LLVM Weekly - #4, Jan 27th 2014
Welcome to the fourth issue of LLVM Weekly, a weekly newsletter (published every Monday) covering developments in LLVM, Clang, and related projects. This marks the end of the first month of operation, here's to many more! LLVM Weekly is brought to you by Alex Bradbury. Subscribe to future issues at http://llvmweekly.org and pass it on to anyone else you think may be interested. Please send any tips or feedback to firstname.lastname@example.org, or @llvmweekly or @asbradbury on Twitter. I've been keeping the @llvmweekly Twitter account updated throughout the week, so follow that if you want more frequent news updates.
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News and articles from around the web
The biggest compiler-related news this week has been the discussions on the GCC mailing list. Things kicked off with Eric S. Raymond's post suggesting that technical progress in GCC is being held back by concerns about reusing parts of GCC in a way that bypasses the copyleft license. Ian Lance Taylor responded to point out that GCC now has a plugin system, albeit with an unstable interface, which mostly put a stop to that line of discussion. However a later post to the mailing list from Richard Stallman has proved very controversial by claiming that "The existence of LLVM is a terrible setback for our community precisely because it is not copylefted and can be used as the basis for nonfree compilers". There's plenty of discussion of these comments around the web at LWN, Hacker News, Reddit, Slashdot etc. Although many of us may have a preference for non-copyleft ('permissive') free software licenses, RMS has consistently and over a long period of time argued that copyleft licenses ultimately do a better job of spreading free software and preserving its freedom. As such, it's not clear to me why this mailing list post has come as a surprise to many. I'm personally surprised he didn't bring up the fact that the BSD-style license used by LLVM contains no explicit patent grant (though LLVM does have a patent policy to help protect its users).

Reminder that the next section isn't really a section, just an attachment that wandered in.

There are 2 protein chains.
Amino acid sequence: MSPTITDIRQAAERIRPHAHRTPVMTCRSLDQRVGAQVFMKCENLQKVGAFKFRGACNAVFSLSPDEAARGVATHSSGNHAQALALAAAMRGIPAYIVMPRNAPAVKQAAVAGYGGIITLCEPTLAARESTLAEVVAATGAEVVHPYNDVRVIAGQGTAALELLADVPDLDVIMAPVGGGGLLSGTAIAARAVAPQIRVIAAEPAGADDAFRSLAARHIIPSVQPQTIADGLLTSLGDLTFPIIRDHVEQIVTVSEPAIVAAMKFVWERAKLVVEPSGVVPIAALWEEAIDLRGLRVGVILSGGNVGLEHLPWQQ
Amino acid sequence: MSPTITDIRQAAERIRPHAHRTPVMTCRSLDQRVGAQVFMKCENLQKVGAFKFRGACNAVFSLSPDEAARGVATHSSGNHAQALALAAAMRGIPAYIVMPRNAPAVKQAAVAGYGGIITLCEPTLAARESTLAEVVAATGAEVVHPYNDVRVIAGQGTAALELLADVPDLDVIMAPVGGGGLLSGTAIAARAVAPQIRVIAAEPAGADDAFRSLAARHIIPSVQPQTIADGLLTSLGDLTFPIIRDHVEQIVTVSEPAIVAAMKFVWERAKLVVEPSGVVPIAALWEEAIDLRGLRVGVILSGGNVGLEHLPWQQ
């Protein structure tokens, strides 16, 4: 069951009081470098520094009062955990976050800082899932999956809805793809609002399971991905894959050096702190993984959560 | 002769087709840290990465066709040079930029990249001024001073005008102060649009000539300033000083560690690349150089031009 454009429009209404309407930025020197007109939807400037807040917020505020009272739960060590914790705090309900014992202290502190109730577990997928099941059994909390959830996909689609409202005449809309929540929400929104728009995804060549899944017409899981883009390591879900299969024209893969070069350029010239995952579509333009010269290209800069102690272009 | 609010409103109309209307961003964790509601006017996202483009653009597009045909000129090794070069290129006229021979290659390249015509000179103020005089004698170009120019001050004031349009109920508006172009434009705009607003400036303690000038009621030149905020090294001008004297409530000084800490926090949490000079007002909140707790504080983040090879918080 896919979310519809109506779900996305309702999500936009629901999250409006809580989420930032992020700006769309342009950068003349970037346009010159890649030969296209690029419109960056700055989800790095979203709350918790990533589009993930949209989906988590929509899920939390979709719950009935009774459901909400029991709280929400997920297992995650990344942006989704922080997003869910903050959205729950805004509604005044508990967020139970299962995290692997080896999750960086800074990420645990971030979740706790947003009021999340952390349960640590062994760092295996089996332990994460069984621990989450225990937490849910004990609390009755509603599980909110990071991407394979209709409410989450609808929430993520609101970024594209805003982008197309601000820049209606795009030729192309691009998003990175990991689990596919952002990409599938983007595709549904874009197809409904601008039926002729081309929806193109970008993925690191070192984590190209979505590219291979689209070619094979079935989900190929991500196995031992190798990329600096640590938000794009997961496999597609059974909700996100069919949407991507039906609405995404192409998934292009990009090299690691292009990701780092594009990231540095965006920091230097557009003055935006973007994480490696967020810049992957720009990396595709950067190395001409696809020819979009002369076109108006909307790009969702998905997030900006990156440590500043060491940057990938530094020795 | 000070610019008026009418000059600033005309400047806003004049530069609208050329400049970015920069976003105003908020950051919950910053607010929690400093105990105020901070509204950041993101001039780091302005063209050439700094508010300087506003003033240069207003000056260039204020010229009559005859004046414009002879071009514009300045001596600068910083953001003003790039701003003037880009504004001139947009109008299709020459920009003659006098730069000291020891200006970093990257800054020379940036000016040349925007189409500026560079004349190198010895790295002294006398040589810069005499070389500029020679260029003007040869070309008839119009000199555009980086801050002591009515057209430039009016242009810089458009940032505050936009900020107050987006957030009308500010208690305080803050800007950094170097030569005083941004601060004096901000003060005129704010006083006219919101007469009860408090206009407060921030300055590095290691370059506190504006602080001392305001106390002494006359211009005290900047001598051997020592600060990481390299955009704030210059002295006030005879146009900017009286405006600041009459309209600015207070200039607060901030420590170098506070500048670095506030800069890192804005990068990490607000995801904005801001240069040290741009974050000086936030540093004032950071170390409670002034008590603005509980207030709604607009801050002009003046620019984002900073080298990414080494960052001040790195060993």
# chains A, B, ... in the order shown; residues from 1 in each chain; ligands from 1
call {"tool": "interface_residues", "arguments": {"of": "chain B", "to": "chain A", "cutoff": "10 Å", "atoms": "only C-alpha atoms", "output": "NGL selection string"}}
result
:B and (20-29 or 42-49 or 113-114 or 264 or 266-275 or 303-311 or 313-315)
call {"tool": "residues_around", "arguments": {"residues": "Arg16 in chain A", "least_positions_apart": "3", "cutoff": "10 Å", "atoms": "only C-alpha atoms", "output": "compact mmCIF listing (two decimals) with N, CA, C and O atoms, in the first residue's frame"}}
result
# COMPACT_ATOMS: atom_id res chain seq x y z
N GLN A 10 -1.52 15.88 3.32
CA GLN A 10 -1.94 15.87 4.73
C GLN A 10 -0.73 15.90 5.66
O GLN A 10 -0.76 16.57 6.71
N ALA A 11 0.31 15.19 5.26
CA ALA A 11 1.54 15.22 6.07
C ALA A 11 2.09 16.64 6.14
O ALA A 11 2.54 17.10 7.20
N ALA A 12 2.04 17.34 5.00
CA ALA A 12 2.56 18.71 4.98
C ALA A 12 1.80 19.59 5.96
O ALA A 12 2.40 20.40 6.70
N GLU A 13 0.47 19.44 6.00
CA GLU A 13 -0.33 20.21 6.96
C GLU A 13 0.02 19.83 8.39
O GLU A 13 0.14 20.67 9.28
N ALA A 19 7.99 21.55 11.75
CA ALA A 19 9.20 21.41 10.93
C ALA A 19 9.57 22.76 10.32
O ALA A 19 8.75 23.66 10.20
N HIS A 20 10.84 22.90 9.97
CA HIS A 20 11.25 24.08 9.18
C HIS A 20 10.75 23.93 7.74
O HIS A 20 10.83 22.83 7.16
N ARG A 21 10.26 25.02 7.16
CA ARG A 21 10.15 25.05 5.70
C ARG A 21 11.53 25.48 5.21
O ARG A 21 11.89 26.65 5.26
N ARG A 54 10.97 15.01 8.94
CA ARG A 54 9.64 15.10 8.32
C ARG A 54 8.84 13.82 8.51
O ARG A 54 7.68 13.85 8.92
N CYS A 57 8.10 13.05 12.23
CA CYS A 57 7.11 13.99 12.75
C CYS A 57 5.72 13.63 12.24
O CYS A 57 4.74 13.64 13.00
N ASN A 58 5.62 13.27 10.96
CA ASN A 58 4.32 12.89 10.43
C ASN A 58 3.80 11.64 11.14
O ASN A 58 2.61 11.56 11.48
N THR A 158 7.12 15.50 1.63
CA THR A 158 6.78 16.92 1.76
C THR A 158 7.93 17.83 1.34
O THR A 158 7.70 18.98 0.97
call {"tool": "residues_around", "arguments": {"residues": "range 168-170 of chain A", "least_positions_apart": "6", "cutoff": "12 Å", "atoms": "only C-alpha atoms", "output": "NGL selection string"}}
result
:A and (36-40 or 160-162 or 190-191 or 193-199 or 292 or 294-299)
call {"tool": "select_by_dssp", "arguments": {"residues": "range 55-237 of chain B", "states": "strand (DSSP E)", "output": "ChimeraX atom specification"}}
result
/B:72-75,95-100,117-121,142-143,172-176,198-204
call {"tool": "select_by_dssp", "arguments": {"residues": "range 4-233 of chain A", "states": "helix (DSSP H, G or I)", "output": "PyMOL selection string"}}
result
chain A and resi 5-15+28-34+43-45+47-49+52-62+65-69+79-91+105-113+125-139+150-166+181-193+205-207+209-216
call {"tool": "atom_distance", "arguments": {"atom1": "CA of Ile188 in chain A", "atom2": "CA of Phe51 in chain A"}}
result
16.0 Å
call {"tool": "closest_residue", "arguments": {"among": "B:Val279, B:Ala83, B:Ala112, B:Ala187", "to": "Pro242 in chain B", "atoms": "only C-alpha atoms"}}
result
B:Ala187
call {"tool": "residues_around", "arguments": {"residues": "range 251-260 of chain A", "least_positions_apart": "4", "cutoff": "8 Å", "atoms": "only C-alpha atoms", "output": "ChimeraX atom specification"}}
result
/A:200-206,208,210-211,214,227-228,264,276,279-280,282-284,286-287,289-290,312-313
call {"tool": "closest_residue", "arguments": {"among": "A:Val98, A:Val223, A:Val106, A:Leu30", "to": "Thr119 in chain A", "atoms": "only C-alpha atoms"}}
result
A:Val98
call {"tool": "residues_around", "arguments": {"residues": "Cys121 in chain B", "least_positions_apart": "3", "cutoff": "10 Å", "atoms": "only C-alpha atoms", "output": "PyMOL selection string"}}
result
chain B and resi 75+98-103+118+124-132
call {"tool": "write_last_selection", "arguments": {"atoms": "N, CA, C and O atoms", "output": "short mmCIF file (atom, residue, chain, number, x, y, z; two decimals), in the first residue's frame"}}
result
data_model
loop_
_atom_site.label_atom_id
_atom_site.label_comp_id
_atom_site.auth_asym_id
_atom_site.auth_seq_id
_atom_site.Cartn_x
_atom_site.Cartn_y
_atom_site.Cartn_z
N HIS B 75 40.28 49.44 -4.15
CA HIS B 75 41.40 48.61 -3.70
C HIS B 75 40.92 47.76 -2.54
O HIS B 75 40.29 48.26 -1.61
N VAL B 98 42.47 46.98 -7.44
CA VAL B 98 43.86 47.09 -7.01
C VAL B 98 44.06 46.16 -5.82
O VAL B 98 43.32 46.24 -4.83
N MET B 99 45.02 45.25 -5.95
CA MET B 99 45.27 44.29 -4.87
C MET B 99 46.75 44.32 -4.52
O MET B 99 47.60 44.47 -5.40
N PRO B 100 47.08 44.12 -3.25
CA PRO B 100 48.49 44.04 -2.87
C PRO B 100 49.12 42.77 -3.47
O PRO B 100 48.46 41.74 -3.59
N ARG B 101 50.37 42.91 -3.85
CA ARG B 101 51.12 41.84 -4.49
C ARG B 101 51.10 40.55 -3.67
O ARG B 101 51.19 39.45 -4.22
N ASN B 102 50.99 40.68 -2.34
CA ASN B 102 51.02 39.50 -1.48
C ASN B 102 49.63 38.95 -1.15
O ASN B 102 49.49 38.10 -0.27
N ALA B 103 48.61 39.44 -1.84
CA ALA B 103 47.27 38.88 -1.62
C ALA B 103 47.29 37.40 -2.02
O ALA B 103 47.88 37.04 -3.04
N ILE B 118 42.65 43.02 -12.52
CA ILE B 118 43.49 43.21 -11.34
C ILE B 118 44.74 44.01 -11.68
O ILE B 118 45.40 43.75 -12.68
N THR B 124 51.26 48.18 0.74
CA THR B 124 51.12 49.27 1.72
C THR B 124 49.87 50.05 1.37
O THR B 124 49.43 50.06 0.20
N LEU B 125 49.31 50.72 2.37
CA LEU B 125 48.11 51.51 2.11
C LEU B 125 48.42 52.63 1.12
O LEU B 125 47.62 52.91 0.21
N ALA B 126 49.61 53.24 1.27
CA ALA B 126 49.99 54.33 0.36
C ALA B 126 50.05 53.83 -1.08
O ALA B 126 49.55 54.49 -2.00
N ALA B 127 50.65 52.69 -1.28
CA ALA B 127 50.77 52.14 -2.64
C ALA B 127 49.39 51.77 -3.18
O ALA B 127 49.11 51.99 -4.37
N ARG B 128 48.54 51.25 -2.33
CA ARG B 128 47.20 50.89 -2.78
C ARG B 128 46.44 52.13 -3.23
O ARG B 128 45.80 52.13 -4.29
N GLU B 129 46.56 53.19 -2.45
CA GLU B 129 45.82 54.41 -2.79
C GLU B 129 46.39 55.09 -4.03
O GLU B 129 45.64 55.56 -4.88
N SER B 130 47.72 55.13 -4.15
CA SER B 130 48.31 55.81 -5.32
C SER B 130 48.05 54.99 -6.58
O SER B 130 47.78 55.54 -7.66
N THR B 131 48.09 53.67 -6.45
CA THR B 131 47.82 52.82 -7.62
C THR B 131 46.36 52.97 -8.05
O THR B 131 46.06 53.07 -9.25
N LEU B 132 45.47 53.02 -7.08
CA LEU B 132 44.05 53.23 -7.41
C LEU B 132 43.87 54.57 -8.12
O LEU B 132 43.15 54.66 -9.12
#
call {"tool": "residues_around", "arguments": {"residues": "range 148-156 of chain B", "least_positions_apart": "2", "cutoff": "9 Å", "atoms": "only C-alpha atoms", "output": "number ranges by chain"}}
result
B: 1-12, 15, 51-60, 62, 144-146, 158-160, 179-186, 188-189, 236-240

Rapidly moving away from controversial topics, an exciting milestone for the LLVM project was hit this week. The 200000th commit has been applied. Takumi Nakamura was lucky enough to be the one to author that commit.
The Khronos group has released the SPIR 1.2 specification. SPIR is a standardised intermediate representation meant for use with OpenCL, and is based on LLVM 3.2 IR. With the release, the Khronos Group have open sourced a modified Clang 3.2 which can generate SPIR from OpenCL C programs as well as a module verifier.
Joaquín M López Muñoz has published a benchmark comparing hash table performance on Clang. He compares GCC's libstdc++-v3 to the LLVM project's libc++.